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I have some general idea of going about this. I'm trying to come up with a suitable mapping. I've come up with $\phi\colon a + \langle x^2 + 1\rangle\longmapsto a$ where $a$ is an irreducible element in $\mathbb{Z}[i]$ but this mapping has some issues. For example take $5x + x^2 + 1$, which is $5x \pmod{x^2+1}$. $5x$ does not belong to $\mathbb{Z}[i]$. So my question is, is there a better mapping?

I know for a fact that if you add any integer call it $b$ to $\langle x^2 + 1\rangle$, you will get $b$ back which belongs to $\mathbb{Z}[i]$. I'm stuck when $b$ is not an integer.

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I don't understand your definition of $\phi$. –  Qiaochu Yuan May 14 '11 at 5:12
Use \langle and \rangle instead of < and >. –  Arturo Magidin May 14 '11 at 5:12
How do you define Z[i]? –  quanta May 14 '11 at 5:14
@Person: Your proposed mapping does not even make sense. The elements of $\mathbb{Z}[x]/\langle x^2+1\rangle$ are represented by polynomials with integer coefficients. The elements of $\mathbb{Z}[i]$ are not polynomials. –  Arturo Magidin May 14 '11 at 5:28
@quanta: There are many standard ways of defining $\mathbb{Z}[i]$. Defining it as a quotient is just one of them. You can also define it as the smallest subring of $\mathbb{C}$ that contains $\mathbb{Z}$ and $i$, which is a pretty standard and which happens to agree with the notation $\mathbb{Z}[i]$. –  Arturo Magidin May 14 '11 at 19:32

3 Answers 3

When you want to show that a quotient is isomorphic to a given object (ring, group, semigroup, etc), it is usually simplest to get the Isomorphism Theorem to do your work for you. Instead of trying to define an isomorphism from $\mathbb{Z}[x]/\langle x^2+1\rangle$ to $\mathbb{Z}[i]$, which will usually require you to show the map is well-defined, try to find a surjective map from $\mathbb{Z}[x]$ to $\mathbb{Z}[i]$ whose kernel is exactly $\langle x^2+1\rangle$. Then the Isomorphism Theorem guarantees the existence of an isomorphism $$\frac{\mathbb{Z}[x]}{\langle x^2+1\rangle} = \frac{\mathbb{Z}[x]}{\mathrm{ker}(\phi)} \cong \mathbb{Z}[i].$$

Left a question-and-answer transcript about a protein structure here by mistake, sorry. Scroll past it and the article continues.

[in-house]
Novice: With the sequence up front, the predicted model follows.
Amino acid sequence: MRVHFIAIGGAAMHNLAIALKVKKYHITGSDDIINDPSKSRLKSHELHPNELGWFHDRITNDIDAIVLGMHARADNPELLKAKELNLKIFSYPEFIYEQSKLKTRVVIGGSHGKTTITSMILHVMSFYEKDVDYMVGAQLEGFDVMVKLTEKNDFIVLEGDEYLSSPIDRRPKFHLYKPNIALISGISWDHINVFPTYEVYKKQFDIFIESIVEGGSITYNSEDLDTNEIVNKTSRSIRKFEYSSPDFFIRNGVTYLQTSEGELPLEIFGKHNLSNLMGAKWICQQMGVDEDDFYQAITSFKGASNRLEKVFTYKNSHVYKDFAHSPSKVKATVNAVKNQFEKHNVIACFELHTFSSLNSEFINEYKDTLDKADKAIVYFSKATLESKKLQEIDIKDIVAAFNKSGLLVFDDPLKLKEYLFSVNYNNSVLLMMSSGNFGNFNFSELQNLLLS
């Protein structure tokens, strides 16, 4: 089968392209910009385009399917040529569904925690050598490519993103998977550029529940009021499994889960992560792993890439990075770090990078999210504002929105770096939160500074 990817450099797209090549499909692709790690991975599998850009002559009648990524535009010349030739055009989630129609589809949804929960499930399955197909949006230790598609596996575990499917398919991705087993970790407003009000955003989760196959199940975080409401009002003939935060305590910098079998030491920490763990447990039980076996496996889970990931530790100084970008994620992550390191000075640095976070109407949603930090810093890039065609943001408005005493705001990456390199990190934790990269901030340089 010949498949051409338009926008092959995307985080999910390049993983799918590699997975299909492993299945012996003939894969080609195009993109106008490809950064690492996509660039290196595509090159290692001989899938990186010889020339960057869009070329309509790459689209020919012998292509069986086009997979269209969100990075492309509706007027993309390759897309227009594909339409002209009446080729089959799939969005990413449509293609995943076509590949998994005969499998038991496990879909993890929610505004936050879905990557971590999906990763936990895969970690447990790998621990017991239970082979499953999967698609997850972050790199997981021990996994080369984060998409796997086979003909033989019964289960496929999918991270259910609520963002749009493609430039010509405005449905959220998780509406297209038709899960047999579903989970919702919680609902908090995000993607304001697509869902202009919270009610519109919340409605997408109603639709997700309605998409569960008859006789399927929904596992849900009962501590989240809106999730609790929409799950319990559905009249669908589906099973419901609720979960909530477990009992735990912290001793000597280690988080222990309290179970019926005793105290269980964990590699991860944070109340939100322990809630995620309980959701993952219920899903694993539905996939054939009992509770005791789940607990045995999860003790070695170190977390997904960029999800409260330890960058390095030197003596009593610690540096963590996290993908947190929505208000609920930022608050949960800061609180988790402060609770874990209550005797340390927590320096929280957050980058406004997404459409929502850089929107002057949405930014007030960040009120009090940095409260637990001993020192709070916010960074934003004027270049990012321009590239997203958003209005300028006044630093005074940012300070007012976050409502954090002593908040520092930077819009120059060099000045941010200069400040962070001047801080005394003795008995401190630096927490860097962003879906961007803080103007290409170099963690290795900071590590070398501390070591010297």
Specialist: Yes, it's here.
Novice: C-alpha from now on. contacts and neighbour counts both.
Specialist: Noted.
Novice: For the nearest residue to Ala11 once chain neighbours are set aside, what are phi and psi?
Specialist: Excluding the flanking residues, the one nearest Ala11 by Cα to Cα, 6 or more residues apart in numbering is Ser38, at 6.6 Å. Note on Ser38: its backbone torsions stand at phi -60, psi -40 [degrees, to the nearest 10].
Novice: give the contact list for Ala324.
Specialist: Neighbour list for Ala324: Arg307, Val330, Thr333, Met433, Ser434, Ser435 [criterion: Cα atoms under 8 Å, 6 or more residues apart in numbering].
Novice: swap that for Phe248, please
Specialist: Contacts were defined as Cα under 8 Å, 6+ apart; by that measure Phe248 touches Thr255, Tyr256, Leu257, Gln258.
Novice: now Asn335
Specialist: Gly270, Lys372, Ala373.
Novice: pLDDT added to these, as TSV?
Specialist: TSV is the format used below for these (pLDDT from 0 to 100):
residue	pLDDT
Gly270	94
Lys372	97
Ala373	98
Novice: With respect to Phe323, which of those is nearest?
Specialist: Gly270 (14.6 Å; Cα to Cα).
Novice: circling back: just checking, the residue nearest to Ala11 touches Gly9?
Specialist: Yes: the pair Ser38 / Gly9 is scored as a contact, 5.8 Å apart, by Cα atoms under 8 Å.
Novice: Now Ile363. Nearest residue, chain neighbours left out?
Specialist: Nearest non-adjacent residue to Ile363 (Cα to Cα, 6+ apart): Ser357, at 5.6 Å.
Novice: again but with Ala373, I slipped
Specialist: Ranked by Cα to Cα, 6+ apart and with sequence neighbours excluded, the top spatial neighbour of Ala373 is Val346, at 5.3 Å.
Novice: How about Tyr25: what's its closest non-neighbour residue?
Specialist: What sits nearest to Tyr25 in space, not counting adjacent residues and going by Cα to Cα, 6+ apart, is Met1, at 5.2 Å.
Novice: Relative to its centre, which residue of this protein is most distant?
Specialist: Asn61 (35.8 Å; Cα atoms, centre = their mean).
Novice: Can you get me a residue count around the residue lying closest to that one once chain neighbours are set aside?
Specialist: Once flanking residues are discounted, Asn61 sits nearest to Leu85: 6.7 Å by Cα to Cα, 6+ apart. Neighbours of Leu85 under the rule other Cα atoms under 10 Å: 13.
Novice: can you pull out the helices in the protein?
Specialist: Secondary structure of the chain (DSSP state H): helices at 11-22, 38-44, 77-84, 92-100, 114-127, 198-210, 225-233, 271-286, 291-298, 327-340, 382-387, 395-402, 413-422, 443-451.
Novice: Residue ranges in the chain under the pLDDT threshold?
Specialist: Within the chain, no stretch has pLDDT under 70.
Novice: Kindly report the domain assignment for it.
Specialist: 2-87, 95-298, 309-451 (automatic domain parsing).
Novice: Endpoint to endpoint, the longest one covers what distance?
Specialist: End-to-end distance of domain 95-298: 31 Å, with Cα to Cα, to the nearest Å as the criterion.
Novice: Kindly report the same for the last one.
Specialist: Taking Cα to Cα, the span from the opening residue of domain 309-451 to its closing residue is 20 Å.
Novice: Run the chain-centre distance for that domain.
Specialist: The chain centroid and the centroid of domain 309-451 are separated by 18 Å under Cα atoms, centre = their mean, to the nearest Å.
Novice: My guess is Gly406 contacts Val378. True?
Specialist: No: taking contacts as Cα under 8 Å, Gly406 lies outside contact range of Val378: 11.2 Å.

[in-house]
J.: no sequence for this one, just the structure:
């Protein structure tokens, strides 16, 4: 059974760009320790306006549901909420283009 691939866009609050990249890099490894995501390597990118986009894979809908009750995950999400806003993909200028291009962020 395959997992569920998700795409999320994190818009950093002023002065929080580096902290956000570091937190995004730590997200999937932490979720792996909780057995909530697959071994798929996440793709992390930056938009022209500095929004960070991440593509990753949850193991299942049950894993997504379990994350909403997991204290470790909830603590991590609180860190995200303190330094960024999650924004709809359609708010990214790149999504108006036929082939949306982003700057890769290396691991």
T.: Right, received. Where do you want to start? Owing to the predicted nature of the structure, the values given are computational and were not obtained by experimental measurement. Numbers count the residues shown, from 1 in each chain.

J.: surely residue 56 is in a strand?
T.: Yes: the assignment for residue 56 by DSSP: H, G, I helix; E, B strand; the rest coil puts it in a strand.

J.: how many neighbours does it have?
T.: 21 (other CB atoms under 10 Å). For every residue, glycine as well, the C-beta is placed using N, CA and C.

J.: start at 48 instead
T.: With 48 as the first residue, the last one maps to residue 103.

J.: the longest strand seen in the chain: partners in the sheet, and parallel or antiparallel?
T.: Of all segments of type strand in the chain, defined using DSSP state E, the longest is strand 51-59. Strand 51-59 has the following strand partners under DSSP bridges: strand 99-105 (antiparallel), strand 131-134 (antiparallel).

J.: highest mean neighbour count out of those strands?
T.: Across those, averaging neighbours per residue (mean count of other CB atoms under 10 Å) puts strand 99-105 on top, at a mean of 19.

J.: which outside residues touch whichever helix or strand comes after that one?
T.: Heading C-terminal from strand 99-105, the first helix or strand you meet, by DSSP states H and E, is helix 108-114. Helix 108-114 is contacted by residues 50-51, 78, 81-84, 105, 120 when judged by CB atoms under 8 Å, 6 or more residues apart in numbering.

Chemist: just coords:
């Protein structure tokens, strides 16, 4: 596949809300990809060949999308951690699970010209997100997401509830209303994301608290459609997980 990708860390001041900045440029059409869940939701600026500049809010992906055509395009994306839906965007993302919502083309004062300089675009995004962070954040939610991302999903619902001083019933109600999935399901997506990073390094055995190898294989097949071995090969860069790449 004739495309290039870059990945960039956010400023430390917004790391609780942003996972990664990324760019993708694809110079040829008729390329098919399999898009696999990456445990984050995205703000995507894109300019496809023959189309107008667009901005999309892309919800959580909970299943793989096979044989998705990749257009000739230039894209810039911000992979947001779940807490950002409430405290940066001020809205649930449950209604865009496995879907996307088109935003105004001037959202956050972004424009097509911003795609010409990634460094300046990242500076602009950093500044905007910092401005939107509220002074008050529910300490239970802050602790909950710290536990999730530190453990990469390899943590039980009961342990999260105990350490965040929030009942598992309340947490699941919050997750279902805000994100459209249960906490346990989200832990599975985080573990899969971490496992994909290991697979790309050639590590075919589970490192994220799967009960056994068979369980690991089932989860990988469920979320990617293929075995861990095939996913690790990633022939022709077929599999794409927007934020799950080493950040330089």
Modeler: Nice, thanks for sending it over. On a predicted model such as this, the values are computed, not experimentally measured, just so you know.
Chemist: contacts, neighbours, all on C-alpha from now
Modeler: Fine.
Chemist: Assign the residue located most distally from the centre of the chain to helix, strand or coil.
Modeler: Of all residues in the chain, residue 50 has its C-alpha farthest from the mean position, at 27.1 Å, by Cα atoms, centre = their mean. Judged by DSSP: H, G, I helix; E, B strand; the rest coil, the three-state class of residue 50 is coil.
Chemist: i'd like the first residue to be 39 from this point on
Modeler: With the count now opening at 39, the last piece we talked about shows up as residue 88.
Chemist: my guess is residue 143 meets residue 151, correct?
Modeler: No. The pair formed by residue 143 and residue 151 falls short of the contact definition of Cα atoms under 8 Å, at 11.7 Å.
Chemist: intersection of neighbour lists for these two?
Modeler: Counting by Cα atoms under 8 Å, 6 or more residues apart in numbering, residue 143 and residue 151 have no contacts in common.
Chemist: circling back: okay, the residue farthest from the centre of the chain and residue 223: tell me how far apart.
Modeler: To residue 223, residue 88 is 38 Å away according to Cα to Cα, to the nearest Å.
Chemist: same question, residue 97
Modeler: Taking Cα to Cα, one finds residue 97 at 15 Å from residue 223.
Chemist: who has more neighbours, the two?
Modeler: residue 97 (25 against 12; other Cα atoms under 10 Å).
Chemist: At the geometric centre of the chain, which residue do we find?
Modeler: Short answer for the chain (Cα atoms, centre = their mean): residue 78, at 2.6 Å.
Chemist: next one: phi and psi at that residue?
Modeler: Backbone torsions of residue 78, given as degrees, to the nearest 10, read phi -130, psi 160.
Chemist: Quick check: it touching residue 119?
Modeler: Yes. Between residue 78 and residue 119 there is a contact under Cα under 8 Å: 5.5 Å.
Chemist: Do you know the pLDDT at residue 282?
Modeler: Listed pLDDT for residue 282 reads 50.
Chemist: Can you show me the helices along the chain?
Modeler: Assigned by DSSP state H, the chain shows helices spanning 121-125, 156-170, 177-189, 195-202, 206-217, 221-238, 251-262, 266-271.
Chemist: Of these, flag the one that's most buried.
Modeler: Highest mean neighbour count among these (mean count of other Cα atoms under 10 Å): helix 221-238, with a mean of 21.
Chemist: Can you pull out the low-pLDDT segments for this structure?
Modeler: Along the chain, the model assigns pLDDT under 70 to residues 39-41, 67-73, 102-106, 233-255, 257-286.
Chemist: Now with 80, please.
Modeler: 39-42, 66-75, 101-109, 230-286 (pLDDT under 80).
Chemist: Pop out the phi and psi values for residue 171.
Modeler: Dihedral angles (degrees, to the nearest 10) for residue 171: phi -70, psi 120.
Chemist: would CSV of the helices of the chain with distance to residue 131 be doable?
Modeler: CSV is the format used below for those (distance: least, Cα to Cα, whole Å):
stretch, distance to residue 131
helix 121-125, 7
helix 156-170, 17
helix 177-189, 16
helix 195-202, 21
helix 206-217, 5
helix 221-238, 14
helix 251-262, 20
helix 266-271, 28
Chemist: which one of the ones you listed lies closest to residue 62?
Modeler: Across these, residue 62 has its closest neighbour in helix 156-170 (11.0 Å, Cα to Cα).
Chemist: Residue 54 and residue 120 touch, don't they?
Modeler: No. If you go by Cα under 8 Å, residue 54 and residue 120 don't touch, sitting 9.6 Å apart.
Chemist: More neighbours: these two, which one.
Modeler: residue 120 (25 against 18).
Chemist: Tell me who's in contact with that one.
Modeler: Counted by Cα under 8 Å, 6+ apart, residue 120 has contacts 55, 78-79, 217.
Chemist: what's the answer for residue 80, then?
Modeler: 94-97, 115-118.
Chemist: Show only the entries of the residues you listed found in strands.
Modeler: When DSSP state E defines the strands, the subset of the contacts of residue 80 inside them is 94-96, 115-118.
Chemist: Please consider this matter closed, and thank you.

Now, to define a map from $\mathbb{Z}[x]$ to $\mathbb{Z}[i]$, it is enough to specify what happens to the coefficients and what happens to $x$. There is an obvious thing to do with the coefficients (just let them be). Is there an obvious thing you can map $x$ to? I think there is. Then check what the kernel of this map, and let the Isomorphism Theorem do all the hard work. After all, that's why we proved it in the first place.

Well, apparently that's not the case here, as the Isomorphism Theorems have not been proven yet in your class.

Still: it's usually annoying to define a map from a quotient to a ring; because the elements of the quotient are equivalence classes, and that usually means that you need to show that your definition of map does not depend on the representative. It's much easier to map into a quotient. So instead of trying to find an isomorphism from $\mathbb{Z}[x]/\langle x^2+1\rangle$ to $\mathbb{Z}[i]$, it might be easier to find a map $\varphi$ from $\mathbb{Z}[i]$ to $\mathbb{Z}[x]/\langle x^2+1\rangle$.

Given an element $a+bi\in\mathbb{Z}[i]$, with $a,b\in \mathbb{Z}$, where should we map it? We certainly want to map $1$ to $1 + \langle x^2+1\rangle$ (identity to identity). Which means we want to map $a$ to $a+\langle x^2+1\rangle$. Which means that the only thing we need to do is figure out what to do with $i$. If we map $i$ to $p(x)+\langle x^2+1\rangle$, then this will completely determine our homomorphism, since $$\begin{align*} \varphi(a+bi) &= \varphi(a) + \varphi(b)\varphi(i)\\ &= a+\langle x^2+1\rangle + \left(b+\langle x^2+1\rangle\right)\left(p(x)+\langle x^2+1\rangle\right)\\ &= a + bp(x)\langle x^2+1\rangle.\end{align*}$$